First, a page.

The closely watched race for Hawaii’s open U.S. Senate seat is taking financial shape as the frontrunners plump up their campaign treasuries in anticipation of what promises to be a hard-fought general election.

U.S. Rep. Mazie Hirono, a Democrat, took in just over $1 million in the three-month reporting period that ended March 31. She has about $1.6 million in the bank, according to a Federal Election Commission report posted online Sunday.

Still, her Republican rival, former Gov. Linda Lingle, collected more than $1.3 million in the same period and ended the quarter with about $2.2 million in the bank, at least for now a sizable cash advantage over Hirono.

Lingle received more than $1.1 million in individual contributions and $189,000 from political action committees.

Hirono collected about $751,000 from individuals, $139,000 from PACs and $23,000 from Democratic party committees.

Lingle has no serious opponent going into the Aug. 11 primary, so she’s not being forced to spend heavily to fend off an early challenge. John Carroll, a Republican who has filed for the seat, turned in a 14-page handrwitten report to the FEC for this quarter, showing he raised about $2,700 but has a campaign debt of more than $21,000. Lingle’s report ran 485 pages.

Hirono does face a serious primary challenge from former Congressman Ed Case. But he has fallen behind in his ability to raise significant campaign funds, collecting about $138,000 this last quarter. He reported about $211,000 cash on hand as of March 31.

While Case has spent much of his political wad on TV and other advertising — nearly $150,000 this last quarter alone, the report shows — Hirono and Lingle have been spending money mainly on raising money, paying out tens of thousands of dollars to fundraising consultants and for fundraising solicitations and events.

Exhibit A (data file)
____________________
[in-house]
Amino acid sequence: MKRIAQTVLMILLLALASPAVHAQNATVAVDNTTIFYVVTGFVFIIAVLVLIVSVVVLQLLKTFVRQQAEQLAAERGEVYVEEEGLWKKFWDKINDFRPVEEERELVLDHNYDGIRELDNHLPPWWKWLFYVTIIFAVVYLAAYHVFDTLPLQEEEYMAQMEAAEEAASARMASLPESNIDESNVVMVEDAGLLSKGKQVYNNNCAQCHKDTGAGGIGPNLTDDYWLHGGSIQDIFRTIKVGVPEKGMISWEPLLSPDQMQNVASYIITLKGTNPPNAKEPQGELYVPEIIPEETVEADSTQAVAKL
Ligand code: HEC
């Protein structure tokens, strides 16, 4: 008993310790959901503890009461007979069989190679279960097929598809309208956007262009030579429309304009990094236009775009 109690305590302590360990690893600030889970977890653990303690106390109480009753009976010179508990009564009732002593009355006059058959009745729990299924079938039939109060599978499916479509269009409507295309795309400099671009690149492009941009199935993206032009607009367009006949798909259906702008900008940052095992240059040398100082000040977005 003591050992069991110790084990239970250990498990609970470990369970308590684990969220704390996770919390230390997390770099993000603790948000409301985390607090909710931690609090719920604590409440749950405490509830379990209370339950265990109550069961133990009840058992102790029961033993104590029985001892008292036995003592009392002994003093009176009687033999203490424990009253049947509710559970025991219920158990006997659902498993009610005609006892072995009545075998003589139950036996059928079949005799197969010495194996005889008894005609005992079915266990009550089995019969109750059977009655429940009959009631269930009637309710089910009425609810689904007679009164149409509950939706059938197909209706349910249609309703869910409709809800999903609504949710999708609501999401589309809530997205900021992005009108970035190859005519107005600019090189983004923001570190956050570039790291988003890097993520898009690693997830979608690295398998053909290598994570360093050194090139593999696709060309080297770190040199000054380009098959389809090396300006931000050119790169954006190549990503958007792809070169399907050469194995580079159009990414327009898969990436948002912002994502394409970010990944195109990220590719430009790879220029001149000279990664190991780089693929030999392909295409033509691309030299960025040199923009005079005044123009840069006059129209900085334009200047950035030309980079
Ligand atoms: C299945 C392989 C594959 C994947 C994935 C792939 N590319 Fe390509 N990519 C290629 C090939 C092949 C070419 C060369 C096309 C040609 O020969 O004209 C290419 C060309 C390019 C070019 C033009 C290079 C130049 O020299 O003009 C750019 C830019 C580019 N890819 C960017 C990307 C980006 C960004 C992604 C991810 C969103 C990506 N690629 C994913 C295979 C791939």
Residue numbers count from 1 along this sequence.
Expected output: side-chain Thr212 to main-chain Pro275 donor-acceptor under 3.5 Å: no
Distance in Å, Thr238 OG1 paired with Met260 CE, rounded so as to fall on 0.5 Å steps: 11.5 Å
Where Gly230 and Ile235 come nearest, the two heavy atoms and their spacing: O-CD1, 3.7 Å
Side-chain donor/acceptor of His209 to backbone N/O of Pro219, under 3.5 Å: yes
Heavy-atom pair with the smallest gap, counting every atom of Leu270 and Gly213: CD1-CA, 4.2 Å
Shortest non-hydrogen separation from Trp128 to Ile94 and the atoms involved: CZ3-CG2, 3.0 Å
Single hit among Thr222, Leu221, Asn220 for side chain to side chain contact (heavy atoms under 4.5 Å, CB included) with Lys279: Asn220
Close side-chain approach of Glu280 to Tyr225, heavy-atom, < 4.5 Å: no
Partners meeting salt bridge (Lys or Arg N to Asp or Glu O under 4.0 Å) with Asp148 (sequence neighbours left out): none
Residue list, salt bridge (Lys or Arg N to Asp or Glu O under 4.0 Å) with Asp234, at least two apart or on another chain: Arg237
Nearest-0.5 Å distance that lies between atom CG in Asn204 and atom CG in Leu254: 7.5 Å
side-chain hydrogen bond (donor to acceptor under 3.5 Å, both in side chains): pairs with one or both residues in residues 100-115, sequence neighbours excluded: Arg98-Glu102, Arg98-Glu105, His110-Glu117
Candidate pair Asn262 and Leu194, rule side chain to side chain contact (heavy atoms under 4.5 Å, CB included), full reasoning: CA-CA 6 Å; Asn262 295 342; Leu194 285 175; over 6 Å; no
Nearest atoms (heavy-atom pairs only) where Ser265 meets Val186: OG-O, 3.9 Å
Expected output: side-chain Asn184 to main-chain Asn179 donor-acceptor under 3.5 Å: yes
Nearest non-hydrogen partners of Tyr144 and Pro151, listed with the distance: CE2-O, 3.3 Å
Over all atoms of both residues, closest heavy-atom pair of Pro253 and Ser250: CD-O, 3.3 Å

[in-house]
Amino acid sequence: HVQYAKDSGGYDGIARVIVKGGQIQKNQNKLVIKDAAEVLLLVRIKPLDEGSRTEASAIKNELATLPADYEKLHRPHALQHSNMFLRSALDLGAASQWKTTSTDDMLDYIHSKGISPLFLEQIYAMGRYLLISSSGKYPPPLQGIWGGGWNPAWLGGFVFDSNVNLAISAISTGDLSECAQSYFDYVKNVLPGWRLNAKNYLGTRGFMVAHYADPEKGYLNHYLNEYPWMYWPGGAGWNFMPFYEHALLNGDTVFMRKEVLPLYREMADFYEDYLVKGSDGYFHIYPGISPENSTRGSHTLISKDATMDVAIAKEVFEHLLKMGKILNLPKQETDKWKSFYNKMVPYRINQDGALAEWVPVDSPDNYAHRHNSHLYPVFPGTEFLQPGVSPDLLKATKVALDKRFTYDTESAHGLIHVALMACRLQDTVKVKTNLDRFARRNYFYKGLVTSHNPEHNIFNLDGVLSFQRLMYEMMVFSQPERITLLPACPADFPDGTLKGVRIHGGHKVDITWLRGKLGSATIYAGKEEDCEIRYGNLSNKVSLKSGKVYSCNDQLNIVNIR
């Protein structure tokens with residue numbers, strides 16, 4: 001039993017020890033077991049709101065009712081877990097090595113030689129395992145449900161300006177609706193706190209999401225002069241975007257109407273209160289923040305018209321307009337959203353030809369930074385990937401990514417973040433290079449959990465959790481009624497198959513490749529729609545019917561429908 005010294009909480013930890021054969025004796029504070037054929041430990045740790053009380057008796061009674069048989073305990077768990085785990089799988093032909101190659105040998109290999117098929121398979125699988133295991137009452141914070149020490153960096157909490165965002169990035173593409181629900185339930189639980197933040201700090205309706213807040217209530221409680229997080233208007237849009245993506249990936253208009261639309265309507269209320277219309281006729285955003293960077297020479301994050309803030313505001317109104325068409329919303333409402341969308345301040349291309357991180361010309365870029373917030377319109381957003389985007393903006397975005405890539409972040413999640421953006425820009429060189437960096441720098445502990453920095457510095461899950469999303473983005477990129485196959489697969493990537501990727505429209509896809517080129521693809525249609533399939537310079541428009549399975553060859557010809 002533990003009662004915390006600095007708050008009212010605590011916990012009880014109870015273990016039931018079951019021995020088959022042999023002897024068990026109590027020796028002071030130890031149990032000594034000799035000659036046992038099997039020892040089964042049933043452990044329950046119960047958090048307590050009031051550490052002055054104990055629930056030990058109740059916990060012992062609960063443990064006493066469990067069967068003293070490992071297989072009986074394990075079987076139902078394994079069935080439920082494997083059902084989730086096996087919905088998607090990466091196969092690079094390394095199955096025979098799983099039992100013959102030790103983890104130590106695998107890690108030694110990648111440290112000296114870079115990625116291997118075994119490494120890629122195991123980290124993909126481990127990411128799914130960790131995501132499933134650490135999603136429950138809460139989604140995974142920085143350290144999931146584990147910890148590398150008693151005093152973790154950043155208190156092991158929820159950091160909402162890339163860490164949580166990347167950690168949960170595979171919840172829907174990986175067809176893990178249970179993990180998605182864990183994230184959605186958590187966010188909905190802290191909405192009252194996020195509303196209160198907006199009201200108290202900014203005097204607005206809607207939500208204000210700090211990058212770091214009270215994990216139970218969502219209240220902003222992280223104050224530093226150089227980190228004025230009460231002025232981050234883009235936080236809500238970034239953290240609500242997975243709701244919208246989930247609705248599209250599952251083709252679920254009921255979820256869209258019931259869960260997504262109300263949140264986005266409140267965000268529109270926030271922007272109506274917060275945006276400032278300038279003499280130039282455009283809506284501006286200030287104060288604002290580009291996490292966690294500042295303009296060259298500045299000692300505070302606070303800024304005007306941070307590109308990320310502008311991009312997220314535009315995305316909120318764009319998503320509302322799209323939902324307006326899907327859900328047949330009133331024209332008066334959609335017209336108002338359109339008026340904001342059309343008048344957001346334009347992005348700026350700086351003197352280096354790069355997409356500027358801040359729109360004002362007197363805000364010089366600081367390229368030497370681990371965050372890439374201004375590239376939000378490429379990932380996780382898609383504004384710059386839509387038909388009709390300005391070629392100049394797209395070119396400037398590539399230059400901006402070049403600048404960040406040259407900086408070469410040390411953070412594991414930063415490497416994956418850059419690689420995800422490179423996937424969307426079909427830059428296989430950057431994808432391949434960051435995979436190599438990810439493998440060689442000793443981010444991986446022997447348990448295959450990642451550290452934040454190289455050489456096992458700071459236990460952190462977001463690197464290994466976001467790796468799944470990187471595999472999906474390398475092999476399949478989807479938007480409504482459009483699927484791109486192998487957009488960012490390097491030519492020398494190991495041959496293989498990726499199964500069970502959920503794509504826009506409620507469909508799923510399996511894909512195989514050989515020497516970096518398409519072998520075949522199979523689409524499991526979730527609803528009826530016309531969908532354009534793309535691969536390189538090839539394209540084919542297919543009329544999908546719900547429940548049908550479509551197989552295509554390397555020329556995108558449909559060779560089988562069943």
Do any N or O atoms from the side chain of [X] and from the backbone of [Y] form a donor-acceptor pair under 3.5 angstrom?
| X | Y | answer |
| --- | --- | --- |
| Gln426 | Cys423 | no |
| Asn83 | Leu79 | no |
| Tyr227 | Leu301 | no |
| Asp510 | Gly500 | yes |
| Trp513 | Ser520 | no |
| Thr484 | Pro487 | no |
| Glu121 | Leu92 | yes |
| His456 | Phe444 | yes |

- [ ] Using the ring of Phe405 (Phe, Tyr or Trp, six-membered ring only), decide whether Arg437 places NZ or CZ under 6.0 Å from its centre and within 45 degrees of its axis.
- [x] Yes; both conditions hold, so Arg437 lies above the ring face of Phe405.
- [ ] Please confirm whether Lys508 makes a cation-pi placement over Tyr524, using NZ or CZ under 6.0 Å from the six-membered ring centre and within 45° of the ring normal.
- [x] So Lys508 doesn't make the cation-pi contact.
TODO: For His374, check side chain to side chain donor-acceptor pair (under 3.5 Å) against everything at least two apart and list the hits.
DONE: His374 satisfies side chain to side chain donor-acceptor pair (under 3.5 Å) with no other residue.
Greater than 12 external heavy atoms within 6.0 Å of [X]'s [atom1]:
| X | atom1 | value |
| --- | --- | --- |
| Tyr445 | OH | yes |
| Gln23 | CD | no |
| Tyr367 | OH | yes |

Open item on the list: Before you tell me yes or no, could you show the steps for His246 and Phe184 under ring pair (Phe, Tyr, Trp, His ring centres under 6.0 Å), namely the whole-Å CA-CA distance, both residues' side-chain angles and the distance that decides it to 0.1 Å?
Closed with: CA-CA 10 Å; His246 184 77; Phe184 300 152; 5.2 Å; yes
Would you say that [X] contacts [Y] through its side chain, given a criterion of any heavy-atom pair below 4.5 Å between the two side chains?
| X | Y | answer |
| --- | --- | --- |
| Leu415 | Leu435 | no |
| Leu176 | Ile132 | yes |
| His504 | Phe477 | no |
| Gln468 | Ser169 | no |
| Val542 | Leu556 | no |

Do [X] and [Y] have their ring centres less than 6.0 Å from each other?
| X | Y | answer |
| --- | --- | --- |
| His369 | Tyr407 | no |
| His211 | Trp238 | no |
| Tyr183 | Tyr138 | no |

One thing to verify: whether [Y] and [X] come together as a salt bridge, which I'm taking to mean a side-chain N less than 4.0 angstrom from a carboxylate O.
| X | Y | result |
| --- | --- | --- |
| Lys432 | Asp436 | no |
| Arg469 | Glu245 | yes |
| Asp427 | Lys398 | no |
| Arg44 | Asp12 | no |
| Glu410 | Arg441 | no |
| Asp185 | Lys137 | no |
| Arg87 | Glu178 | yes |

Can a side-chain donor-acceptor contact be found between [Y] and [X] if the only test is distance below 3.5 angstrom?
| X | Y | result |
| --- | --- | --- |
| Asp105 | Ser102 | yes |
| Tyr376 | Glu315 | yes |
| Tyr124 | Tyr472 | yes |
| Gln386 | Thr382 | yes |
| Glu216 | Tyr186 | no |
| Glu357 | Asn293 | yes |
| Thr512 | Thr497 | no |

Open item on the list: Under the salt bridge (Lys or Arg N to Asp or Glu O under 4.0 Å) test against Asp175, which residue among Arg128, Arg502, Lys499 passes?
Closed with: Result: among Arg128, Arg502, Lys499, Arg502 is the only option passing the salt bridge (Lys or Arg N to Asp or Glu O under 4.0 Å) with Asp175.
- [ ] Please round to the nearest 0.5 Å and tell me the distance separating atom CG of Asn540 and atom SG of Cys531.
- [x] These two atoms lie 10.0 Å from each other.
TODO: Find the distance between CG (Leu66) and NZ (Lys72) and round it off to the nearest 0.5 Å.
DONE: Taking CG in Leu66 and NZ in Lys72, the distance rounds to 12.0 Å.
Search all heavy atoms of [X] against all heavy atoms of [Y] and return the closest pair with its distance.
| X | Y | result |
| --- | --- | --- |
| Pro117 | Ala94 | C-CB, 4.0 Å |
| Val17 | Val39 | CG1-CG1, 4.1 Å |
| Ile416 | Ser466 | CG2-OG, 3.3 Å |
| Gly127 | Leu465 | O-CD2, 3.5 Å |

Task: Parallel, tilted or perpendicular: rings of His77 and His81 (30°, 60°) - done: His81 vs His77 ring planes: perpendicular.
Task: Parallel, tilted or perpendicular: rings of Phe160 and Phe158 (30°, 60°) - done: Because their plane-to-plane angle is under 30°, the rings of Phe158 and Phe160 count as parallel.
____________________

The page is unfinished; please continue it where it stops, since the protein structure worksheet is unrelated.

Hirono paid Media Strategies and Research of Denver just over $100,000 for “media buys” and Lingle spent about $26,000 on online ads. She benefitted from the U.S. Chamber of Commerce’s independent campaign supporting her, a series of dozens of TV spots in February that cost the chamber nearly $250,000.

Case, who’s raised more than $600,000 since the beginning of the campaign, has been continuing his visits to neighbor islands and community groups in an effort to win supporters. His report reflects numerous small expenditures at places like Office Max and Office Deport, Sam’s Club and a self-storage place. He paid $4,880.

Lingle, who has raised more than $3.1 million since she began campaigning last year, reported spending about $487,000 in this last period. More than $40,000 went for fundraising letters and direct mail. She paid Virginia-based fundraising consultants more than $75,000 for their services.

More than $30,000 went to fundraisers around the country. The report lists catering and room rentals in Honolulu, Chicago, Oklahoma, Texas, Denver, Pennsylvania, Missouri and California.

She paid $418 for lapel pins, $1,714 for polo shirts and $5,564 for campaign t-shirts.

Lingle also is supporting a large campaign staff — more than a dozen people. All together they were paid more than $70,000 for the last three months’ work.

Hirono has raised about $2.2 million since the election cycle began in January 2010. This last quarter she spent about $376,000 and also reported another $237,000 in debt. Some of that debt is for campaign services like consultants and fundraising but about $125,00 is a loan she made to the campaign.

Between money paid out by the campaign and money for services she still owes to various vendors, Hirono spent more than $130,000 on fundraising consultants, mailers and other services.

Hirono also has a hefty payroll, though not as large as Lingle’s. She has five paid staffers, according to the report, and paid them about $54,000 for the three-month period.

Case has no paid staff, according to his report.

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